martin henson Administrator Staff Member

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    Well the Epson Kozo I use has a paper backing, after printing you can seperate the Kozo from the backing paper, I make simple pine frames then attach double sided tape to the front edges then stick the Kozo onto that, when its securely stuck down I spray the print with luke warm water this stretches the Kozo like a drum as the water evaporates, it takes on a different delicate look than a print with the backing paper attached. I will post a picture of a stretched print tomorrow
     
    Last edited: Nov 11, 2016
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  13. Isabel

    Isabel Active Member

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  14. Ian-Barber

    Ian-Barber Administrator Staff Member

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    Really liking these books. i would like to hear more about your book making process and printing on the Kozo
     
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  15. Isabel

    Isabel Active Member

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    Thank you, Ian :) Anything specific you would like to know? It is a Japanese book-making method with folded prints and a stab-binding along the edge to keep them together. I currently use mainly Epson Kozo paper which as Martin says has a backing paper that is quite easy to remove. I am also experimenting with Awagami papers which I like a lot but they are a bit more tricky to print with as some of them are extremely thin and the backing paper on the double-layered Kozo is much more difficult to remove.
     
  16. Alan9940

    Alan9940 Active Member

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    Hi Isabel, IMHO your work needs to be contact printed when you go to 8x10! I've contacted printed 8x10 in the wet darkroom for 30 years on both silver gelatin and pt/pd, and I wouldn't consider any other way of producing prints from this size. Well...OK...I lied! I have made one 16x20 enlargement from 8x10 many years ago; it hangs in our family room. Anyway, your work is so soft and ethereal that I think contact printing is the way to go.

    Have you ever thought about making your own emulsion and coating the Kozo? I have no experience with this paper so no idea if it could stand up to coating? You may like to check out Dan Burkholder's work: http://www.danburkholder.com/platinumpalladium-over-gold-leaf.html. I believe he uses a rather thin paper and applies gold leaf to the back while printing pt/pd on the front. He also does pigments over metals and all kinds of stuff. I true gem IMO. ;)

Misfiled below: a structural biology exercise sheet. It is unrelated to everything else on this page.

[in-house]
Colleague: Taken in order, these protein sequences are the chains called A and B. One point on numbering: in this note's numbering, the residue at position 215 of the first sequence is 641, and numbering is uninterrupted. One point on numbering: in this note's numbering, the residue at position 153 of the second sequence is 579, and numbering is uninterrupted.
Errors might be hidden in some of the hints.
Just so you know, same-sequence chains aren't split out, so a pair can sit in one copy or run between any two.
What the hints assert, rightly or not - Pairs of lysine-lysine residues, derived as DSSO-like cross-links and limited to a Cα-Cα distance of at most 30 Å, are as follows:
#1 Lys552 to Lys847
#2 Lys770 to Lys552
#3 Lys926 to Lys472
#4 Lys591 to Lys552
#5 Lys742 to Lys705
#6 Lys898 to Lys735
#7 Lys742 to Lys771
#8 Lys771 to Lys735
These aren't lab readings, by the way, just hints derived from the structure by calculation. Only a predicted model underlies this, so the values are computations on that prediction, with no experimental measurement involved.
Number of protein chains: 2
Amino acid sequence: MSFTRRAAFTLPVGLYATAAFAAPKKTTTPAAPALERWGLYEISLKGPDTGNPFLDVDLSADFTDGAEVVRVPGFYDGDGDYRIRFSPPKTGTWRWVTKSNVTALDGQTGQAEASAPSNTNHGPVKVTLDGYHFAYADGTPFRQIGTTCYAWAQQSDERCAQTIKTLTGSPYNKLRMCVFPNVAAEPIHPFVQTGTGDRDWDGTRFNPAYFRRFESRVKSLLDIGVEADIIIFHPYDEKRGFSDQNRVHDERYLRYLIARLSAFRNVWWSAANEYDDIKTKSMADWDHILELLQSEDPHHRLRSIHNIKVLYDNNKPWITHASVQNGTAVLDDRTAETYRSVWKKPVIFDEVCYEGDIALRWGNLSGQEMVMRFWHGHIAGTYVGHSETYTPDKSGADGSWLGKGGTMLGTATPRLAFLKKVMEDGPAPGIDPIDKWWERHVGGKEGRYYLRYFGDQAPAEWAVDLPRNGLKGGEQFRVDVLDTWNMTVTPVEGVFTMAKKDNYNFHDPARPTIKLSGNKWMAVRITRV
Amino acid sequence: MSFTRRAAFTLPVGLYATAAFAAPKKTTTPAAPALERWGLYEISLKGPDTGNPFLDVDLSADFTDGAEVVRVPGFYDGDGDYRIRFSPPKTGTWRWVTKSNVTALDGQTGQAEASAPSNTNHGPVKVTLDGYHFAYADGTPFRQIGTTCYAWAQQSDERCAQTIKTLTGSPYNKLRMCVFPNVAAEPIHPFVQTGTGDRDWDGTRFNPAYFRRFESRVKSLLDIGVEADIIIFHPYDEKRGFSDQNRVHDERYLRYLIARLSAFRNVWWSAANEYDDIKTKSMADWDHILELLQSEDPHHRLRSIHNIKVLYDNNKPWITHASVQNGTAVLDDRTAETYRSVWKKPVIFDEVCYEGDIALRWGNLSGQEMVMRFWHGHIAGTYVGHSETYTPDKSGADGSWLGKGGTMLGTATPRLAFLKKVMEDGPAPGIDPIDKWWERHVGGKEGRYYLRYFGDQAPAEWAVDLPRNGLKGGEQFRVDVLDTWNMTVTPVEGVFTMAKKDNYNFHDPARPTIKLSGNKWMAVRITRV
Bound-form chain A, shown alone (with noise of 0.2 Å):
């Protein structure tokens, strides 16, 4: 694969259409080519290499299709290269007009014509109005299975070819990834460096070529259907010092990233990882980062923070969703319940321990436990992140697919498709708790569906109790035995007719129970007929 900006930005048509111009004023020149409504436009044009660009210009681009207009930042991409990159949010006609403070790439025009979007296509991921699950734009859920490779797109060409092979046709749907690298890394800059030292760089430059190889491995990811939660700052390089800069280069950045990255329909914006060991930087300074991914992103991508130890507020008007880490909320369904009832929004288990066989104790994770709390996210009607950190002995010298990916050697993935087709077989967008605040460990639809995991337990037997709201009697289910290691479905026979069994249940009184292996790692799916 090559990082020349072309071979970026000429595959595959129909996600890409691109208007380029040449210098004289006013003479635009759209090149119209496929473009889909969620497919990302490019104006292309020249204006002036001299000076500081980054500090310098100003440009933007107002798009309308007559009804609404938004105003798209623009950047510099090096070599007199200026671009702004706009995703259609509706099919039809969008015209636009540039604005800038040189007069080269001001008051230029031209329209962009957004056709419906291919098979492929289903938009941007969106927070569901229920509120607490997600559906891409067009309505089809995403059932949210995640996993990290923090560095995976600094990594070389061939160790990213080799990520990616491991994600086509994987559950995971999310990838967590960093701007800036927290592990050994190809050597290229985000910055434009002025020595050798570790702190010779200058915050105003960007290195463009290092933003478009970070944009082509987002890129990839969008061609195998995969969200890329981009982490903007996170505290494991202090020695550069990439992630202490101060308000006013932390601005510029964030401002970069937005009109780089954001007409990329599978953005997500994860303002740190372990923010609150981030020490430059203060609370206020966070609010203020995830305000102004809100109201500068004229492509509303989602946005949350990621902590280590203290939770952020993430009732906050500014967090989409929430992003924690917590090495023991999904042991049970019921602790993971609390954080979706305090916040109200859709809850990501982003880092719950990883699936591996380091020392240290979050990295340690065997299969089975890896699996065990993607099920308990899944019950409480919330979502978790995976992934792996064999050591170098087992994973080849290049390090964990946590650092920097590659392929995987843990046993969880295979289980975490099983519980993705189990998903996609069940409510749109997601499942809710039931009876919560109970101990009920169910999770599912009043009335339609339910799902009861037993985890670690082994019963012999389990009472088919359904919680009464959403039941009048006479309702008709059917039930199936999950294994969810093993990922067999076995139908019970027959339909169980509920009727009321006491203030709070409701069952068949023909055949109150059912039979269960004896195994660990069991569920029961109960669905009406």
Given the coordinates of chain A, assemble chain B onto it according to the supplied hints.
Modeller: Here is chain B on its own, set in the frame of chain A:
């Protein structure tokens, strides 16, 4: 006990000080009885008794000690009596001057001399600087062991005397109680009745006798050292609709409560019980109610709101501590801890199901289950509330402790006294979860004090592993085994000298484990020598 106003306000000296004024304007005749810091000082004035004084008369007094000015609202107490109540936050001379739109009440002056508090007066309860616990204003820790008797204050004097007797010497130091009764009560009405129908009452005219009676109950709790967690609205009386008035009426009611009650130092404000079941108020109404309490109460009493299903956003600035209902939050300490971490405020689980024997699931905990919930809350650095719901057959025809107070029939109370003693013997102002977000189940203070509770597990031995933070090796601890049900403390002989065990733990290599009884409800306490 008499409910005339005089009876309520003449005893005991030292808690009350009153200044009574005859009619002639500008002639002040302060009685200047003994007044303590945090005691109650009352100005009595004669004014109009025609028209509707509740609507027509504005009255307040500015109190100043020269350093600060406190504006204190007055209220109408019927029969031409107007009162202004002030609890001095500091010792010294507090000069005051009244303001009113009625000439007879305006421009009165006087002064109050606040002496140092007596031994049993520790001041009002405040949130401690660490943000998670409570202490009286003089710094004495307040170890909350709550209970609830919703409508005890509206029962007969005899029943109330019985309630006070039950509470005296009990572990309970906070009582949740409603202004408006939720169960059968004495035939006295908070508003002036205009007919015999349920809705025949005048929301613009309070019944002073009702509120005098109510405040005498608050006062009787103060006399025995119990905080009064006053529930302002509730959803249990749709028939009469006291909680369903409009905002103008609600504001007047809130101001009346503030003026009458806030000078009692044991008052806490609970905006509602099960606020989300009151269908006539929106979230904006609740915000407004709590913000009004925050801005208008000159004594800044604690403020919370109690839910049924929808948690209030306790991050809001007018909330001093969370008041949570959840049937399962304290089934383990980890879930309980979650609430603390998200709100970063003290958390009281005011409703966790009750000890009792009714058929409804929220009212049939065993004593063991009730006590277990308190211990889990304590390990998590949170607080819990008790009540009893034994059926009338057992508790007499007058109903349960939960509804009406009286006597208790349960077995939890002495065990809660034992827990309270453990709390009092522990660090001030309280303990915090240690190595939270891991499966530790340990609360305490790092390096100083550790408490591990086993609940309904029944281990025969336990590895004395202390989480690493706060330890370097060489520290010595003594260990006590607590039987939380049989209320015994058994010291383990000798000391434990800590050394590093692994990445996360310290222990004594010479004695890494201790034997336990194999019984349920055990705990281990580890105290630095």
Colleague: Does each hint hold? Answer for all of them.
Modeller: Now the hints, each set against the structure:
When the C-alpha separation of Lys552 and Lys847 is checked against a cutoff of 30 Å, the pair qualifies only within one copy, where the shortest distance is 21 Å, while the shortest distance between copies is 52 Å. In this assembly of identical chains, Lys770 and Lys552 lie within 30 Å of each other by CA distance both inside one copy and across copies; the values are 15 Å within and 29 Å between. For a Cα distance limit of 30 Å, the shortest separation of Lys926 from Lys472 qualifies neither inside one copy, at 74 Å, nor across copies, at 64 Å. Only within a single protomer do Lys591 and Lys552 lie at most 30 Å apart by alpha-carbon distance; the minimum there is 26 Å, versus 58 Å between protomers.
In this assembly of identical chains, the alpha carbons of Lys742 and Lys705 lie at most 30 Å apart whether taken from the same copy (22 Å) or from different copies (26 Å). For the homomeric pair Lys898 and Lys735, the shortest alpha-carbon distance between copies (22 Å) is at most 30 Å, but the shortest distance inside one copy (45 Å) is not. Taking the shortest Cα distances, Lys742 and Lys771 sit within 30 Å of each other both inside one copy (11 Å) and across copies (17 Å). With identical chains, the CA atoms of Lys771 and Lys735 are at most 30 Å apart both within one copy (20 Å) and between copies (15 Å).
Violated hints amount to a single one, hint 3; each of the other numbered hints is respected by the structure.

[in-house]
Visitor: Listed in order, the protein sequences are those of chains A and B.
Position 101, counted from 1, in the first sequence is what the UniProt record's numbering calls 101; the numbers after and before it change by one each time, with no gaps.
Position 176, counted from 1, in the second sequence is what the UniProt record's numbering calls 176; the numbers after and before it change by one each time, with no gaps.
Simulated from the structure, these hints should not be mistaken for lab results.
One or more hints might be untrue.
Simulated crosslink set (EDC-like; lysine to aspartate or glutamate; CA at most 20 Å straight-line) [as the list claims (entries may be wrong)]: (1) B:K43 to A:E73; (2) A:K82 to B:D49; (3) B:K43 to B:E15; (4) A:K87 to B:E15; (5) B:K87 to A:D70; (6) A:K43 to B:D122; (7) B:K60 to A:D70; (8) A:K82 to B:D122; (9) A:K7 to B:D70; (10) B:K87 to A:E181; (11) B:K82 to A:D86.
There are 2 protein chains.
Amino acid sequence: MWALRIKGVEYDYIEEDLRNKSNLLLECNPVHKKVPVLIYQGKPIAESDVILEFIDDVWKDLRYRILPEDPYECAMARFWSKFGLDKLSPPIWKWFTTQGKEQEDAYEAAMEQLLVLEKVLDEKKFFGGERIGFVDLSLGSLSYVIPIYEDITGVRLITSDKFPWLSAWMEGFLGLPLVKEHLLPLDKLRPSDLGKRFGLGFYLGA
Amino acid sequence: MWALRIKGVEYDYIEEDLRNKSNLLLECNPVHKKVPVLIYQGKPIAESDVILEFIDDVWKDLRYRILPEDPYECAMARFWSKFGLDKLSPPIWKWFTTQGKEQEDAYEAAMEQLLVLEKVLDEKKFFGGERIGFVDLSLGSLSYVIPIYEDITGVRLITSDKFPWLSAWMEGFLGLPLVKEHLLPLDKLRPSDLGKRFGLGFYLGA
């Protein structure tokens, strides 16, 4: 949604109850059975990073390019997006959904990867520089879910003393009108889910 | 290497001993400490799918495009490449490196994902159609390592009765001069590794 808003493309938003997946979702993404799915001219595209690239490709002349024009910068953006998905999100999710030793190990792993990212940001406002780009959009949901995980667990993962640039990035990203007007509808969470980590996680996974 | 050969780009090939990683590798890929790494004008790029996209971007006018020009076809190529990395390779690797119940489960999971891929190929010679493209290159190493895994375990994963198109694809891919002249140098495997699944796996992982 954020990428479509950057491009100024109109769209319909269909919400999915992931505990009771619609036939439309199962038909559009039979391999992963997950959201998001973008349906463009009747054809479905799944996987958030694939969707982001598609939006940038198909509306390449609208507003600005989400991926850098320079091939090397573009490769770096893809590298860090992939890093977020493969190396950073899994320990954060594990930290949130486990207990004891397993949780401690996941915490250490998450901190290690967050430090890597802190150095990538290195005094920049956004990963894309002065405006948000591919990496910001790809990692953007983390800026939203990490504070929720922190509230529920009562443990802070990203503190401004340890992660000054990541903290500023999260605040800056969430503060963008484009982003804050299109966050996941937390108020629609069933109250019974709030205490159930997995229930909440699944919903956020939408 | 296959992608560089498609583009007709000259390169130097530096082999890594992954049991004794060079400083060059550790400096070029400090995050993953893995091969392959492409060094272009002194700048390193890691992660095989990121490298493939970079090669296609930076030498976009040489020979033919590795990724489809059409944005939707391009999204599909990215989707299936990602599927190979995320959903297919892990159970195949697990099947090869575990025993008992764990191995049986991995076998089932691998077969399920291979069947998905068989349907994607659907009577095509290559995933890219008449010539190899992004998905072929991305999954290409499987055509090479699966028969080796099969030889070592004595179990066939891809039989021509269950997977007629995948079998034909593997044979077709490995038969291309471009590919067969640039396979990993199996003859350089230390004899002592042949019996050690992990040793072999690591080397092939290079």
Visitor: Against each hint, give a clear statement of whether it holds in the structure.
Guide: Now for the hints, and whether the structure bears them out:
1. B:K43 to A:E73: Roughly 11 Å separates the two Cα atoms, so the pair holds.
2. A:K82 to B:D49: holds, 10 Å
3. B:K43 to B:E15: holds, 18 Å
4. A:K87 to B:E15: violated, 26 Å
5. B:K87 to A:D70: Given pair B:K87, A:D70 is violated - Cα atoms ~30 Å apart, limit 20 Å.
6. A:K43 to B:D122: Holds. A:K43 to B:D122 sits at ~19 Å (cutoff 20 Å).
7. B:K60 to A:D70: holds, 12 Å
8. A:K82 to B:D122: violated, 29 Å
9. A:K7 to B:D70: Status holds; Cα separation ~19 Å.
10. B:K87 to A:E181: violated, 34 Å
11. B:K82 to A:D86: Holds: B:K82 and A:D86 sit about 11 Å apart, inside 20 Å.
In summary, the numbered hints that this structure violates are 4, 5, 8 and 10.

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  17. Ian-Barber

    Ian-Barber Administrator Staff Member

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    i am interested in the entire process especially how the book is held together. Was this something you have been taught
     
  18. Isabel

    Isabel Active Member

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    @Alan9940: Thank you :) If I could get a coating on the Kozo and then contact print that might be a wonderful way to go...lots to investigate ;-)

    @Ian-Barber: :D The book is "only" held together by the stitching along the edge. Attached 2 photos where you can see that better. I think the simplicity is so wonderful about it and you don't need tons of tools and material (basically just something to drill the holes, a needle and thread). You can even take it apart again.
    I actually learned it in the UK ;) from Eddie Ephraums http://www.envisagebooks.co.uk - he was a wonderful teacher for me and I made the example you see in the photos after only a few hours and seeing the process once :)

    The other one you see in the photos is a little fold-out-book, also a really nice way to go and I am trying that as well with thinner paper.
    If you use thicker papers, a creaser would be a good investment :)
     

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  19. Ian-Barber

    Ian-Barber Administrator Staff Member

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    I am familiar with his work as he writes an article every month in the B+W magazine. It's nice to actually talk to someone that has seen his work in person, I especially like his book designs and would really like to attend one of his workshops.
     
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  20. Isabel

    Isabel Active Member

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    I
    I can only recommend it - I had 2 days of personal tutoring with focus on printing (especially thin Japanese papers ;-)) and book-making and it was so worth it. He was recommended to me by my current mentor who has worked successfully with him for many years.
     
    Last edited: Nov 13, 2016